My husband Aaron and I were never really Halloween people; we’re not into zombies and tombstone decorations. We’re not pumpkin enthusiasts. I’m not a fall person at all—not a ‘can’t-wait-to-break-out-my-sweater-and-boots’ person, not a pumpkin spice latte lover. We never boycotted Halloween. We never turned off our porch lights and hid inside, but we definitely didn’t put cobwebs in our trees or fake spiders on our porch or skeletons holding machetes in our bushes.
At least, we didn’t until two years ago.
Our son Henry is eight, and he is all imagination. For most of his life, he’s been wearing costumes everywhere he goes—capes, masks, gloves, imaginary jet boots, power rings. We almost don’t notice it anymore. He loves Halloween, and a couple years ago he asked a few times if we could have decorations. We told him we’re not really decoration people. We hoped he’d forget about it.
And then the day before Halloween, he started carrying things out onto the front porch—rubber snakes, pirate hats, fake swords.
“What are you doing, buddy?” I asked.
“I’m making it spooky,” he said.
His face lit up with delight.
All afternoon, he dragged things from his bedroom and the basement out into the front yard. He tied a fake lizard to the doorknob by its tail, he wound rubber snakes through the bushes, he hung capes in the trees.
At a certain point I called my husband, Aaron. I said, “I give up. I think we need to go to the store and get this kid some spooky decorations. He’s in his glory out there.”
Aaron agreed. We woke Henry up early on the morning of Halloween, and we spent the morning setting up lights shaped like skulls, cobwebs with huge fake spiders, poison signs and pumpkins.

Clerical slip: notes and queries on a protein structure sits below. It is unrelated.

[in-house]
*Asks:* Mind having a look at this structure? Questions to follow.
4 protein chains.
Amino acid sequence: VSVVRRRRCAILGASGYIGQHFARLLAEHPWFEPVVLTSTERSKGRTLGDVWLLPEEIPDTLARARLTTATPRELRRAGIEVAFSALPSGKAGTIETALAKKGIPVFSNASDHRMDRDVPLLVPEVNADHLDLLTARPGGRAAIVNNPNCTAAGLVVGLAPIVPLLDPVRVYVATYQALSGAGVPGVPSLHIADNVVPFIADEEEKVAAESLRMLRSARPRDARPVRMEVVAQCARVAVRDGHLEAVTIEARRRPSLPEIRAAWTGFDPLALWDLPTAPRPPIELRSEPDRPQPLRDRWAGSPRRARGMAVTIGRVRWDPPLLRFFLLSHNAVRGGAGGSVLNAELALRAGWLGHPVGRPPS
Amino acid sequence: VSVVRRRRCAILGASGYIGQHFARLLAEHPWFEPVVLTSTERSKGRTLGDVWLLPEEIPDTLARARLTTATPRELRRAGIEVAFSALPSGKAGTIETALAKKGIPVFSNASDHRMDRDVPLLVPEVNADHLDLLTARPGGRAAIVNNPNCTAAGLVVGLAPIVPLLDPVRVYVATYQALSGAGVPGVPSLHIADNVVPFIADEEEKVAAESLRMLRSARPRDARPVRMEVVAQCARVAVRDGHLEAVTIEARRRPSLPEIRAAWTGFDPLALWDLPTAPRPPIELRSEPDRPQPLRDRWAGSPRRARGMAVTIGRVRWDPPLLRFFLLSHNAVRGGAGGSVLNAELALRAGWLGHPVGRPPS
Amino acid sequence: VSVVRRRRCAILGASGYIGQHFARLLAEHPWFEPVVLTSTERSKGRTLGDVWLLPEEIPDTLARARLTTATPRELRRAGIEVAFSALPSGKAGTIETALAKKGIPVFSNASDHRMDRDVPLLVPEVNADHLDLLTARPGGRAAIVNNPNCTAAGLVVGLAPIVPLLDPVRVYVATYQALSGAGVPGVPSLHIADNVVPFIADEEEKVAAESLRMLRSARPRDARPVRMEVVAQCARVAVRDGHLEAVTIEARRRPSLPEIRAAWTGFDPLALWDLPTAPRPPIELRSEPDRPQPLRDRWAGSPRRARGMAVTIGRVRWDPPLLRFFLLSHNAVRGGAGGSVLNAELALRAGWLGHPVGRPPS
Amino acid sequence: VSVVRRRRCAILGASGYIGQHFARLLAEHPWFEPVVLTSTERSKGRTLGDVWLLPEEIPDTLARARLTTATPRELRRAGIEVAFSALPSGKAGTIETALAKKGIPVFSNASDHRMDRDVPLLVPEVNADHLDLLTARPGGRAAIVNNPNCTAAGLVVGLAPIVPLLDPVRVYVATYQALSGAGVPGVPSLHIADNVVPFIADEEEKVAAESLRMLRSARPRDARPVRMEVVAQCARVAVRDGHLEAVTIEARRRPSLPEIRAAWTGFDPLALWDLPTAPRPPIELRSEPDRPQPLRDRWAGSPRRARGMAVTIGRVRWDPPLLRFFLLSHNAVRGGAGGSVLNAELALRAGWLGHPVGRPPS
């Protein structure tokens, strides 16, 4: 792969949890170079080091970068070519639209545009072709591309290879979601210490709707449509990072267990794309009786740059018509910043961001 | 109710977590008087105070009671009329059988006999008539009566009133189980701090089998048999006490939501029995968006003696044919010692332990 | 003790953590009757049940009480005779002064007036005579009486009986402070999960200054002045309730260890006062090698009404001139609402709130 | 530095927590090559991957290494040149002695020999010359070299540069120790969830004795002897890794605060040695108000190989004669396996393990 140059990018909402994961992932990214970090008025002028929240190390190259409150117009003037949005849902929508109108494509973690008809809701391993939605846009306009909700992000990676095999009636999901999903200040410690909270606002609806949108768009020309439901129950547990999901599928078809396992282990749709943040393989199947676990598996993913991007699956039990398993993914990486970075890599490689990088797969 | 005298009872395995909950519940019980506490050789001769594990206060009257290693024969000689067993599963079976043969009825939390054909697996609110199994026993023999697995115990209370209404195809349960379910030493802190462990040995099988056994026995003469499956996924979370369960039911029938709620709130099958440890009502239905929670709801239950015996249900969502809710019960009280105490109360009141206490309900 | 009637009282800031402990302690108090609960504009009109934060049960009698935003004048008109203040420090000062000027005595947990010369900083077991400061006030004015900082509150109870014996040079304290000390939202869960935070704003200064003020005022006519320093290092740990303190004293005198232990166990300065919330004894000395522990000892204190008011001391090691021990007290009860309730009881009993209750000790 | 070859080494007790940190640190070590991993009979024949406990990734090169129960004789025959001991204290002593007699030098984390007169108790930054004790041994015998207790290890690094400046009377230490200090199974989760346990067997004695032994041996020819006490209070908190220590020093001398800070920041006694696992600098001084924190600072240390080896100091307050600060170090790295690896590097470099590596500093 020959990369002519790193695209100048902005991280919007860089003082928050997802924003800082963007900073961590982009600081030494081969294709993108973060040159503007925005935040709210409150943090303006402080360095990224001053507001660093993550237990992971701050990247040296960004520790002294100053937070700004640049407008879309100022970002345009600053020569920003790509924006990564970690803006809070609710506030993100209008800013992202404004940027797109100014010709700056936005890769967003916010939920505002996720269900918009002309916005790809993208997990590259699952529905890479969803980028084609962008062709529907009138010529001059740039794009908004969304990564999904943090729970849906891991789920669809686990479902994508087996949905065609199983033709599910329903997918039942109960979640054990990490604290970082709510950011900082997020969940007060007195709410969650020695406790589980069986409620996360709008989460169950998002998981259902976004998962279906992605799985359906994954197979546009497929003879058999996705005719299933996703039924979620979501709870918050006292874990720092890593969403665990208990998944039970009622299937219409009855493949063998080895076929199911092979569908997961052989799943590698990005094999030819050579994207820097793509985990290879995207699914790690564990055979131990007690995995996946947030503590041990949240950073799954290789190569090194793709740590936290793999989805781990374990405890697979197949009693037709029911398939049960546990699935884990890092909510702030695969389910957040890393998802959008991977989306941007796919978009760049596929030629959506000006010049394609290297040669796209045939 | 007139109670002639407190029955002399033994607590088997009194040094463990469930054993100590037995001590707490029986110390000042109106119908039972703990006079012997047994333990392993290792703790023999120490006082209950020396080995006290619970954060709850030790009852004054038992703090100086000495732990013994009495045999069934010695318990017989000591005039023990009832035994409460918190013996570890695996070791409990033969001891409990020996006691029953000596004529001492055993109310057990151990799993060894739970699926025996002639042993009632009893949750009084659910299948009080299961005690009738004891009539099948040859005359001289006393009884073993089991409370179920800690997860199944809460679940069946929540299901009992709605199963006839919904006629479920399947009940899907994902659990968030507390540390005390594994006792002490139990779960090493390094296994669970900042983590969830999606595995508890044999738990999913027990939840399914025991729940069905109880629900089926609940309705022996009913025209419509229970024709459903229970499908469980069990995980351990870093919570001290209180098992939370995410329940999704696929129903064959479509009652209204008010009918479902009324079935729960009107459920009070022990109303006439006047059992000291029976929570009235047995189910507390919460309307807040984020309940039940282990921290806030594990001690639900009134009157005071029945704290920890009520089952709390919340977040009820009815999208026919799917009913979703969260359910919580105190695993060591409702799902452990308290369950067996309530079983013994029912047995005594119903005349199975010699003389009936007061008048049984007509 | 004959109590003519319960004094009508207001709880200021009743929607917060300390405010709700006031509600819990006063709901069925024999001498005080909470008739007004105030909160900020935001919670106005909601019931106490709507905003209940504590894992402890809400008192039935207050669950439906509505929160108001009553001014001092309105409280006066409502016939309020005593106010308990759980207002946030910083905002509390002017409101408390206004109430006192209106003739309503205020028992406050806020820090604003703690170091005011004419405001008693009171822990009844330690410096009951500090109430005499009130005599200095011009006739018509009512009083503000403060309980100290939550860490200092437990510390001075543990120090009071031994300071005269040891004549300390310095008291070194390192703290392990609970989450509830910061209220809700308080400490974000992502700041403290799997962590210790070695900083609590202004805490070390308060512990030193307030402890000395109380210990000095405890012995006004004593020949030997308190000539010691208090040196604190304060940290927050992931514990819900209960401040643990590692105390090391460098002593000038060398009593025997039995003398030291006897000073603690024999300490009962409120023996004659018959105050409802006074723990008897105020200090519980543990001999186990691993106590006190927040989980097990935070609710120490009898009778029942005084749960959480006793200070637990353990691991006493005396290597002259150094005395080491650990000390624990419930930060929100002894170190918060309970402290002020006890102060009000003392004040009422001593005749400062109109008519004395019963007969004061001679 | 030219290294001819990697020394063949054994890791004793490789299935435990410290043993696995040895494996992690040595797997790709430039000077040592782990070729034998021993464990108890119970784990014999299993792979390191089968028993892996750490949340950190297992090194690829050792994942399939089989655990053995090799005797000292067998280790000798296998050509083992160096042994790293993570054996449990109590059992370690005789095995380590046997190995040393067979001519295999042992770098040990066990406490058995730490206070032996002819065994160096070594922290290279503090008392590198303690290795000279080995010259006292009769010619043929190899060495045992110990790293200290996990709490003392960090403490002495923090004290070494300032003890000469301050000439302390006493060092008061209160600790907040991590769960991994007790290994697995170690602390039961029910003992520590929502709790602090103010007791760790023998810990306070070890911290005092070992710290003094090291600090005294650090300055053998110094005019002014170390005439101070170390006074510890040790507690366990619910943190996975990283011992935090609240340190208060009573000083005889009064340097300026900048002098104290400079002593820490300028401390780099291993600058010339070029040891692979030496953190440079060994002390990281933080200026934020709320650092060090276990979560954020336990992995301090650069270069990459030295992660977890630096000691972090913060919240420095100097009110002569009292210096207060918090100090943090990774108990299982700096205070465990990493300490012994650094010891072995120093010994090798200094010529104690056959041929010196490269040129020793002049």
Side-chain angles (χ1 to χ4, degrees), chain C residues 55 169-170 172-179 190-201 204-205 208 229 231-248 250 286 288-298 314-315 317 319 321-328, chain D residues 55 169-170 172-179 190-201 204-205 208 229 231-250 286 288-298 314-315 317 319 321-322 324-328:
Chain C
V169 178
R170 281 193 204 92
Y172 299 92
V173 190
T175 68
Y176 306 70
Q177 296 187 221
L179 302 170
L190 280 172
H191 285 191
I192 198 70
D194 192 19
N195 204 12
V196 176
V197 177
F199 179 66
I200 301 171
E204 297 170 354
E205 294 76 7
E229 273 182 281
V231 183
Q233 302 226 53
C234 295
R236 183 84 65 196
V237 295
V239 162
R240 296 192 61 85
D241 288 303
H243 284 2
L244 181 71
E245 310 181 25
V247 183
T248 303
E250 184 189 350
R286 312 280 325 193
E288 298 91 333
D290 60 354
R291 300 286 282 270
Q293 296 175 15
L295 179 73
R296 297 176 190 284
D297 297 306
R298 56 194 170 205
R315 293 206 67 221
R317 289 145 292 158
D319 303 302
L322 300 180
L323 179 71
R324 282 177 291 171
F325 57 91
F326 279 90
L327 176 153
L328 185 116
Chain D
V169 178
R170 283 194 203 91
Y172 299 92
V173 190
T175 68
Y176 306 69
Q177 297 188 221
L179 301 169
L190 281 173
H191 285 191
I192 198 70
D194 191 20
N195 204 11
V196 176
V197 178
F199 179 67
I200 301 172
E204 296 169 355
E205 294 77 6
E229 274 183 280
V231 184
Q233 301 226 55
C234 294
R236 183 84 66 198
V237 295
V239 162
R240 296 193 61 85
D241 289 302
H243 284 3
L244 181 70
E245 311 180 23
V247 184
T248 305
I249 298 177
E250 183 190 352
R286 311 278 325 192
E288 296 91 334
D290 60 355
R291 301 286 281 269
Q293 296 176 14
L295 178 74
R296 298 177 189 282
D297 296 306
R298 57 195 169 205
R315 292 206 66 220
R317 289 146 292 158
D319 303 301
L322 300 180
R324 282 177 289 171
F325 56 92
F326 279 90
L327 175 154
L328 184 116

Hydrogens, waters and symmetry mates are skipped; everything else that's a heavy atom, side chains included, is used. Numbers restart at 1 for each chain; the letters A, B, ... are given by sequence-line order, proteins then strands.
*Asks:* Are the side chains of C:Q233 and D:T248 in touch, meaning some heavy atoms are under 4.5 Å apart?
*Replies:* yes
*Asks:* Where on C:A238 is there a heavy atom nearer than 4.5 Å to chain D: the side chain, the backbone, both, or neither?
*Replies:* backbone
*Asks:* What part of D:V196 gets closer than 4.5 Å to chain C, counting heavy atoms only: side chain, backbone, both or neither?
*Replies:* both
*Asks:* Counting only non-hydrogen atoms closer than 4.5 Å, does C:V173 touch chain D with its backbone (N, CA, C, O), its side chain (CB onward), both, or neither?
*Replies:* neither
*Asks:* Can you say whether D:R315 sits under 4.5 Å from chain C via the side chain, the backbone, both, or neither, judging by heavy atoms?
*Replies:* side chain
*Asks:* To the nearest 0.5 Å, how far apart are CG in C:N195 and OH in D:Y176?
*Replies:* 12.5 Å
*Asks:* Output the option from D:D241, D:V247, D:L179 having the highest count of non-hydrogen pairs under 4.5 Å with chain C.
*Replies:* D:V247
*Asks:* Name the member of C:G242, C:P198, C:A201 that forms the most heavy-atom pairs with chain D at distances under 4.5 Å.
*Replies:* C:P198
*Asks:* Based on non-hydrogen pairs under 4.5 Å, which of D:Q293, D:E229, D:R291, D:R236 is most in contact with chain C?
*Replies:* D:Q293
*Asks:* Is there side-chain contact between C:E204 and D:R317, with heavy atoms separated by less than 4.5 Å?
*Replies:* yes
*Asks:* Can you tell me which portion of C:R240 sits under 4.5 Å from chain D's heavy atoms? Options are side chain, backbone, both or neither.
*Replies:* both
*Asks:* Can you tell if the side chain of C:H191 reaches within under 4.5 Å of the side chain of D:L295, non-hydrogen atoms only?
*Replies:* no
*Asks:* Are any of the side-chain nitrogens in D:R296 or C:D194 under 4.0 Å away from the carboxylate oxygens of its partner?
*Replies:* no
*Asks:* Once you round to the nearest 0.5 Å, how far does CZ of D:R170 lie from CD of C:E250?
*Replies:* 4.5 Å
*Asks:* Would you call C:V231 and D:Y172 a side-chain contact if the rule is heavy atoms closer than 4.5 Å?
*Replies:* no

Henry was beside himself.
When his friends came over to trick-or-treat, he proudly walked them around all the decorations, explaining each thing.
At the end of the day, after the chaos and candy-eating was over, Aaron and I decided that we’re Halloween people. We’re Halloween people because Henry’s a Halloween person, and more than anything, we’re Henry people.
Loving Henry is loving spooky, scary stuff. Loving Henry is getting up on Halloween morning to spread fake cobwebs and lining the driveways with lights shaped like skulls.
Sometimes love asks you to change.
This is a tiny example, certainly, but life is full of opportunities to love someone well by loving their thing, not just your thing, by stretching across your preferences and opinions and comforts.
It’s so easy to love people who like all the same things you do—who never listen to music that makes you cringe, or who believe all the same things you believe. But love sometimes asks you to lay down your preferences, and dive into someone else’s world for a little while.
Sometimes that world is full of fake spiders.
Sometimes it’s the ballet or country music or Russian novels. Sometimes it’s staying quiet when you want to talk, sometimes it’s giving space when you want to rush in. Love asks what’s best for the person you love, not what’s best or most convenient to you.
When has someone loved you well by doing something outside their own comfort zone? When have you done that for someone else?